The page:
The GaN evaluation kit I have here at home died because of a power disruption @Cumps Castle.


LMG5200 GaN Evaluation Kit


There was a power failure in the perk of Brussels where I live. Power dropped from 240V to 110.

And here's the rub: I was providing the different voltages to the evaluation board from two different power supplies. The big power from a supply that takes virtually any input voltage between 100 and 250V.

But the bias power came from a supply that's 220-240V only.


TL;DR the LMG5200 power driver on the board didn't survive this (as documented in its datasheet).



That chip comes in a QFN package. This is my first attempt to replace such a package


Baking the Chip

From the datasheet:

13.1 Package Information

The LMG5200 device package is rated as a MSL3 package (Moisture Sensitivity Level 3). Please refer to

application report SNOA550 for specific handling and process recommendations of a MSL3 package.


If we than check that report (our package is MLS3, 2mm thick), we're in for a long baking time.

I didn't bake it that long.
I used my microwave/combi oven - in the non-microwave mode - at approx 120° (all temperatures in Celsius) during 4 hours.
And I crossed my fingers.


Desolder Time

I'm using an Aoyue Int 968 A+  rework station. For this exercise, I used the hot air part only.
Since there are no pins on QFN packages, there's little use for a soldering iron.


The evaluation kit uses lead-free solder. And the LMG5200 is in the way of the heat path.
That means that you have to apply the heat to the package, and that in turn will transfer that heat to it's solder pads.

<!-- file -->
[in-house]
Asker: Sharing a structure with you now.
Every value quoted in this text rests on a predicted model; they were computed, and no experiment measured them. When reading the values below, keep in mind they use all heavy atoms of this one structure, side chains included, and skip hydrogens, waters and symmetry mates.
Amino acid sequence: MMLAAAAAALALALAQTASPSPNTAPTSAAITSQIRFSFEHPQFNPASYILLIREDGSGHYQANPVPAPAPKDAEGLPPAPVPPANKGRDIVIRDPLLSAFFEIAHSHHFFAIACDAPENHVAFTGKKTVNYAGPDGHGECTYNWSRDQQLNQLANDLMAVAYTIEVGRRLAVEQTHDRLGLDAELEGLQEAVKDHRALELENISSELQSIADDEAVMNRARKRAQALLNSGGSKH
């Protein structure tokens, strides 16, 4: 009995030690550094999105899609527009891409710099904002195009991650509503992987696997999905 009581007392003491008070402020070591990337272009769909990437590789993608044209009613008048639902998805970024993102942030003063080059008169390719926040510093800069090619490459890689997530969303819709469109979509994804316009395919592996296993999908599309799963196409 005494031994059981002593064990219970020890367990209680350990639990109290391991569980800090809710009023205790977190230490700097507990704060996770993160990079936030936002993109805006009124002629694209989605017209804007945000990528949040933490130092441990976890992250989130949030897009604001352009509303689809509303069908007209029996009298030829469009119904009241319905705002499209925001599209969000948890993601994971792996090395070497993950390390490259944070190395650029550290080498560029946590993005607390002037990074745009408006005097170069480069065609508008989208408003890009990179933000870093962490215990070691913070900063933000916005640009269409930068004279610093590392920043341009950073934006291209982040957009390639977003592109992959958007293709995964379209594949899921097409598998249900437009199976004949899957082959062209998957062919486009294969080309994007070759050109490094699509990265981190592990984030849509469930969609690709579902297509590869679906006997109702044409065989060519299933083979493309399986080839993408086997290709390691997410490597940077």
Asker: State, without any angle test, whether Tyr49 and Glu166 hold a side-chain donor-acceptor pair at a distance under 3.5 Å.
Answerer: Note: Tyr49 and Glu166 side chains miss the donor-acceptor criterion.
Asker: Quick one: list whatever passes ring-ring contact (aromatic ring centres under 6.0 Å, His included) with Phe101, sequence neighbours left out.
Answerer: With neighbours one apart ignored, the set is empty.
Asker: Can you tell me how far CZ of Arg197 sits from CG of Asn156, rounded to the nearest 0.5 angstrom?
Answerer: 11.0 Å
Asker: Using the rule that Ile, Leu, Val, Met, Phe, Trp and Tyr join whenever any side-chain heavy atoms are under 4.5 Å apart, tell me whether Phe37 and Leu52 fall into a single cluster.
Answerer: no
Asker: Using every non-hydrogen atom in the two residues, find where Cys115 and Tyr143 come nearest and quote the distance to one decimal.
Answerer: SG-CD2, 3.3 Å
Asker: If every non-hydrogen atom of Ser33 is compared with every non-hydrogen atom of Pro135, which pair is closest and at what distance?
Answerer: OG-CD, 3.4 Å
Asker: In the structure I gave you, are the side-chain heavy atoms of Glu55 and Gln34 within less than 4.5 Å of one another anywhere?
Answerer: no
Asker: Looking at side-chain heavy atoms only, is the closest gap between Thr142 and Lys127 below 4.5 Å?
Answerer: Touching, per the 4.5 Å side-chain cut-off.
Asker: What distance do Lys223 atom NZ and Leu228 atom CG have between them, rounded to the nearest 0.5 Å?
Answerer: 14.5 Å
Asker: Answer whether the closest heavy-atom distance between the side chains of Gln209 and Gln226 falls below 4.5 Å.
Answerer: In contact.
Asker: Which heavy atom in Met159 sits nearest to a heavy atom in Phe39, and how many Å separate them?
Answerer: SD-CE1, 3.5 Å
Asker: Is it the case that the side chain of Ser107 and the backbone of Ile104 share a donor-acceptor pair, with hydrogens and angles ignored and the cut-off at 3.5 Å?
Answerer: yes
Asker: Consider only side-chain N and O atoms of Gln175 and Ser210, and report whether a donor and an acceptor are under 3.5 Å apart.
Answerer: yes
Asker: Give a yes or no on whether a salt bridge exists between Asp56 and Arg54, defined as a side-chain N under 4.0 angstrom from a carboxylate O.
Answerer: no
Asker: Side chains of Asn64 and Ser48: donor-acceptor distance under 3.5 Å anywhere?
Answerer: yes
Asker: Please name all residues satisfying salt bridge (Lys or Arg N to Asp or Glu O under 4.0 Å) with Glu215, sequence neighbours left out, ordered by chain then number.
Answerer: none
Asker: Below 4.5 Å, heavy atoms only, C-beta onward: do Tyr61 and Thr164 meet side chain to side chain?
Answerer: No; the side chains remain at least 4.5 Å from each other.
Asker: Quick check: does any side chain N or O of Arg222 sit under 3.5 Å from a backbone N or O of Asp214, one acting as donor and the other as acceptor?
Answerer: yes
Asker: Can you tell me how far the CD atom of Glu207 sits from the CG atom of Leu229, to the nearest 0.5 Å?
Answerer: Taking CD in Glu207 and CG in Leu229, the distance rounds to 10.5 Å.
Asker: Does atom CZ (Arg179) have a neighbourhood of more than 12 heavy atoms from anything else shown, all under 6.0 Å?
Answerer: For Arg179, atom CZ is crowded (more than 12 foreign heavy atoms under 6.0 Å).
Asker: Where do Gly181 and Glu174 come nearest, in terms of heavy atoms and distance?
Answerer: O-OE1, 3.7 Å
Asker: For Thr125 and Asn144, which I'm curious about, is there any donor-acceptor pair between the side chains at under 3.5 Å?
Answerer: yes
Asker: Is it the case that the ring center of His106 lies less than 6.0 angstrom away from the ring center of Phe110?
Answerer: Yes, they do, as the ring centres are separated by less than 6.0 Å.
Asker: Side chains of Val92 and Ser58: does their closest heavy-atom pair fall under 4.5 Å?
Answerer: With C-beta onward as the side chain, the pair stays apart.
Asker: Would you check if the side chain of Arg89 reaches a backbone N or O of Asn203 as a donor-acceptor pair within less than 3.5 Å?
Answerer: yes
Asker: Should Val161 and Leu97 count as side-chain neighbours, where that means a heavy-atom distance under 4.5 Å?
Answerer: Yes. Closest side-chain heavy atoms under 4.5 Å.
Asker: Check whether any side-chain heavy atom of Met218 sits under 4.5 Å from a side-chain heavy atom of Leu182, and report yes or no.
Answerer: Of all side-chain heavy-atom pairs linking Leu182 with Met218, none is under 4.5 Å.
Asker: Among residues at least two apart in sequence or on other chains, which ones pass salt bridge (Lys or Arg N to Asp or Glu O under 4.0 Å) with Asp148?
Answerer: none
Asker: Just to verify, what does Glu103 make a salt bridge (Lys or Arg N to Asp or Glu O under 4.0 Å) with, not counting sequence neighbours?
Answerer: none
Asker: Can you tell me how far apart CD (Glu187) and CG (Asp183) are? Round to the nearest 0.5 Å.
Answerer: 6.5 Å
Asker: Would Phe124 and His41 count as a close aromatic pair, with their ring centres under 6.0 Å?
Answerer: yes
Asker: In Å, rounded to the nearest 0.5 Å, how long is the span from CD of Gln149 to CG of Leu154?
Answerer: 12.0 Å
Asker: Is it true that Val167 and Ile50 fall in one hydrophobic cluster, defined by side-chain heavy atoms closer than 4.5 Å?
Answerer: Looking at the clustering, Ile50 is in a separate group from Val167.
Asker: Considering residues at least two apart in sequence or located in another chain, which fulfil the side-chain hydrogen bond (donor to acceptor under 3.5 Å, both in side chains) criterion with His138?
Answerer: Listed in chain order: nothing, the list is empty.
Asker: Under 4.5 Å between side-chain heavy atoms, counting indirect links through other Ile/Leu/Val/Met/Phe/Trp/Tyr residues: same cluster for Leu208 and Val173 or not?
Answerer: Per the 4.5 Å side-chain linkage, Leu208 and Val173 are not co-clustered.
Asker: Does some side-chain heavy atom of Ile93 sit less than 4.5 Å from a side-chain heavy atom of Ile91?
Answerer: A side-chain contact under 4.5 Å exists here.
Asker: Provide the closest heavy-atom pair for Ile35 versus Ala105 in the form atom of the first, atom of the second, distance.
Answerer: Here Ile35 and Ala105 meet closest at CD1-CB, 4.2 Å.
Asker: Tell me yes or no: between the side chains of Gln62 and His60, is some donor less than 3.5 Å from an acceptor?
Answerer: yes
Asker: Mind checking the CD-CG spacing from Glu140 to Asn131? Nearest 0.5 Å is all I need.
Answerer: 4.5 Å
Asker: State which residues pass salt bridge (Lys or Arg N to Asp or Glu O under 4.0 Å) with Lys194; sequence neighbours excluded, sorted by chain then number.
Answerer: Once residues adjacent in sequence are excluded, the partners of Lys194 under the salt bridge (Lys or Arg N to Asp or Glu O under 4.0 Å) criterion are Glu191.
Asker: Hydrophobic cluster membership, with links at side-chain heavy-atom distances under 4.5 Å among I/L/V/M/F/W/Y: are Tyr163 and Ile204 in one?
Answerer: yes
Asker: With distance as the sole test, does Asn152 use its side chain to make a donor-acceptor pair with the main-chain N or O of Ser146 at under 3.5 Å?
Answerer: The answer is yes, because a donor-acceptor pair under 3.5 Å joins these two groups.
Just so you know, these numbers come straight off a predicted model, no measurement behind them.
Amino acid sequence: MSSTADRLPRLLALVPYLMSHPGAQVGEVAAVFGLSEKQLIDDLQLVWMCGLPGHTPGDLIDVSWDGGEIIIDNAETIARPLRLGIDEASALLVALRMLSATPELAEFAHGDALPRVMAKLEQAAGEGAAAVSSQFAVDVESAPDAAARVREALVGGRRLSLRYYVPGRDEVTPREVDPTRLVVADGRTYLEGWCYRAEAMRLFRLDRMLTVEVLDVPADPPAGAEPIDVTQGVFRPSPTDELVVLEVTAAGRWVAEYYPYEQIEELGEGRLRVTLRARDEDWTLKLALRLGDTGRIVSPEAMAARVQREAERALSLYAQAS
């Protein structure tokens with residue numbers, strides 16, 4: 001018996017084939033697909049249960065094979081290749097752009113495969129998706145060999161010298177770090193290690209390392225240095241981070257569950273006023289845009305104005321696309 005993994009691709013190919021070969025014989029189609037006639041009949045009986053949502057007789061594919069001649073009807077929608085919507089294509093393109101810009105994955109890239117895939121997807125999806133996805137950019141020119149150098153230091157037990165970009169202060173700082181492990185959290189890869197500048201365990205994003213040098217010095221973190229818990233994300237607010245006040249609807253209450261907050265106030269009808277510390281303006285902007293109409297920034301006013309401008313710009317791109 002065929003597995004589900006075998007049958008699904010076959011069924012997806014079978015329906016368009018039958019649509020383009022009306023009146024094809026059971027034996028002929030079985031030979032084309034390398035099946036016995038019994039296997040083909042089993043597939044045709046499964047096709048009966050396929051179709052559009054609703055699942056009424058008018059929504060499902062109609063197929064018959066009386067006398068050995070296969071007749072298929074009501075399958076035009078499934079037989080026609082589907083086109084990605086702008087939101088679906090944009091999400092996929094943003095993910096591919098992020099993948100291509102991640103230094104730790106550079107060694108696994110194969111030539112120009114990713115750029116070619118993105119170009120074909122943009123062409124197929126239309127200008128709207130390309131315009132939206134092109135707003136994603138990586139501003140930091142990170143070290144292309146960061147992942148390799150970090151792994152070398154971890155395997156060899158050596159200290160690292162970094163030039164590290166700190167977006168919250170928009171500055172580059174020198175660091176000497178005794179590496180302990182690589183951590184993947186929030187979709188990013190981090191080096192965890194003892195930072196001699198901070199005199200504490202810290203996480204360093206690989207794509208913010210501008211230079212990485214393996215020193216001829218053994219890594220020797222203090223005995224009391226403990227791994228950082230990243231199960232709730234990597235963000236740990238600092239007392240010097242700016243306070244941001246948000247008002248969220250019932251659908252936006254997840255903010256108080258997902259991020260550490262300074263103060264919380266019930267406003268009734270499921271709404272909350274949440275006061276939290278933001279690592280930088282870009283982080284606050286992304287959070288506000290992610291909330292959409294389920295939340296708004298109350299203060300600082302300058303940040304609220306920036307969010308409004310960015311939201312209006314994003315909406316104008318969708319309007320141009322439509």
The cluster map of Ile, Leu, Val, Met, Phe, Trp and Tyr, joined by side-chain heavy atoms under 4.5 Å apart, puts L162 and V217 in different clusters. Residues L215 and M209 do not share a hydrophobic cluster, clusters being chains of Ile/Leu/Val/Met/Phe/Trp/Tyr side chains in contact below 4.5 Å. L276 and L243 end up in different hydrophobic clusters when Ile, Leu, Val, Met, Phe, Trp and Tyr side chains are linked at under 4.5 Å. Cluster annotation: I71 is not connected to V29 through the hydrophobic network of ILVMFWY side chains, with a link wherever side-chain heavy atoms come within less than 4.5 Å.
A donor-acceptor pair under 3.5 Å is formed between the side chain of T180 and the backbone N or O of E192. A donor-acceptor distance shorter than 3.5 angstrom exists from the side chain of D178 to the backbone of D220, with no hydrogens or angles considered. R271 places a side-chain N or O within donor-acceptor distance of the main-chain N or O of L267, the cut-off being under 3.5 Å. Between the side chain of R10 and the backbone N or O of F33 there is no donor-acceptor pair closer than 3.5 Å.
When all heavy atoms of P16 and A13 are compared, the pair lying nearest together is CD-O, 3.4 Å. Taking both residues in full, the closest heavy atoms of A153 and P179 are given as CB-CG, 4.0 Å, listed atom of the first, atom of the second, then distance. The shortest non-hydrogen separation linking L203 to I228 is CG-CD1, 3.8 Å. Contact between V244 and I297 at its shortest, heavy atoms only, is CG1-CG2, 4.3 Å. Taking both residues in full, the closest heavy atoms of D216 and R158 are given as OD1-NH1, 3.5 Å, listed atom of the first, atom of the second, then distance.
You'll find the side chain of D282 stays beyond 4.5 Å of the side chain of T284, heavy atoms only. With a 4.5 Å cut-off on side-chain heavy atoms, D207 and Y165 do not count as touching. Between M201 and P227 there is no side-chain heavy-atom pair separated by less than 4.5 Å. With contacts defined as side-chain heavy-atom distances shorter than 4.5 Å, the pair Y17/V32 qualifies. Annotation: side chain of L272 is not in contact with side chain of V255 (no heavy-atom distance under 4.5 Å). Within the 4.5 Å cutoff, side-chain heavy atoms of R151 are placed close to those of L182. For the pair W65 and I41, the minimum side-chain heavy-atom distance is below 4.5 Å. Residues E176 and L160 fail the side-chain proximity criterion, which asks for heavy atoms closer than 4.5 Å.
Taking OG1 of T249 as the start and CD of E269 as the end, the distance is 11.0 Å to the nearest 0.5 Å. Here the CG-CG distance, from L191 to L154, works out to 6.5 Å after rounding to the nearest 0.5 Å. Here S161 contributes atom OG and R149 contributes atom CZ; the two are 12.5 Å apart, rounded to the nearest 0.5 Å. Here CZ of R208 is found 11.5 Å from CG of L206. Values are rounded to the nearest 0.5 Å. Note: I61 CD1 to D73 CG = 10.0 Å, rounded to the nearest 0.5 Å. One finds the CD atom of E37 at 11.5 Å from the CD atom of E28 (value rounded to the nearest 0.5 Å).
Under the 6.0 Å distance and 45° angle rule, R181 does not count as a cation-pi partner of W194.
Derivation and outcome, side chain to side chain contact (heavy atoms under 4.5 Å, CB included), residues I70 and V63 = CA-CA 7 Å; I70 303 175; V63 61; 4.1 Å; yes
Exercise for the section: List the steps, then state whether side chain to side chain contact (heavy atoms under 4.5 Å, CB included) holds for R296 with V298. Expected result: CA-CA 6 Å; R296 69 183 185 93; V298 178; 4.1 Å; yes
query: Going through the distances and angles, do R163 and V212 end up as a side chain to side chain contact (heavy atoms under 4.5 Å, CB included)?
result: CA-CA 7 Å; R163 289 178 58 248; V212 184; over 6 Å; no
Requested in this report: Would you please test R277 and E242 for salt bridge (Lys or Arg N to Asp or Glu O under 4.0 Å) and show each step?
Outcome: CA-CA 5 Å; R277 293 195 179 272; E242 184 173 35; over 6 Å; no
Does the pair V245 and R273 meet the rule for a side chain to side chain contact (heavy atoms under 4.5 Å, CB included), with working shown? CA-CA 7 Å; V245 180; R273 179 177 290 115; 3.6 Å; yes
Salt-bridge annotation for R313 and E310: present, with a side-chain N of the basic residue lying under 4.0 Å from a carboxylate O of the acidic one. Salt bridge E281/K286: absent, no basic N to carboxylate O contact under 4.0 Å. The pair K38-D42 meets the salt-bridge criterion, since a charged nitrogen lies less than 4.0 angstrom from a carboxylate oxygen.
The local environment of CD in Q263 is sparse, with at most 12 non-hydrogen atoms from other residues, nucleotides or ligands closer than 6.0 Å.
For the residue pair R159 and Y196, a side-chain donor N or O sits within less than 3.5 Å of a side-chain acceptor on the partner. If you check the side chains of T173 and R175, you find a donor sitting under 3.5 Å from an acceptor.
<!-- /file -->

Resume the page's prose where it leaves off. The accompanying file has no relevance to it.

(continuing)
I bombed the thing with 330°, low air plow - I couldn't risk that all the surrounding parts would fly away.

It took good 2 minutes before the solder melted and the IC could be removed.





Solder Time

To avoid that I have to heat the pads with the new chip in place, I first pre-heated the area around the board with hot air for a few minutes.
I had the temperature set to 120°.

I then applied solder paste and put the IC in place, as good as possible.
That wasn't really easy because you don't see the pads, and the PCB didn't have an outline drawing for the chip.



So I placed the IC where I thought it would cover the right pads with the right pins, and pulled out the hot air nossle again.
After again a good 2 minutes, the chip pulled itself to the right position (the magic of reflow).

I let the whole thing cool down, and checked with my multimeter if there were any short-cuts.


When that test gave good results, I decided to put the board to the test. I powered it on and validated the circuit at the key points.

All behaves normal, and I consider this little project a success.

Customer Action Photos: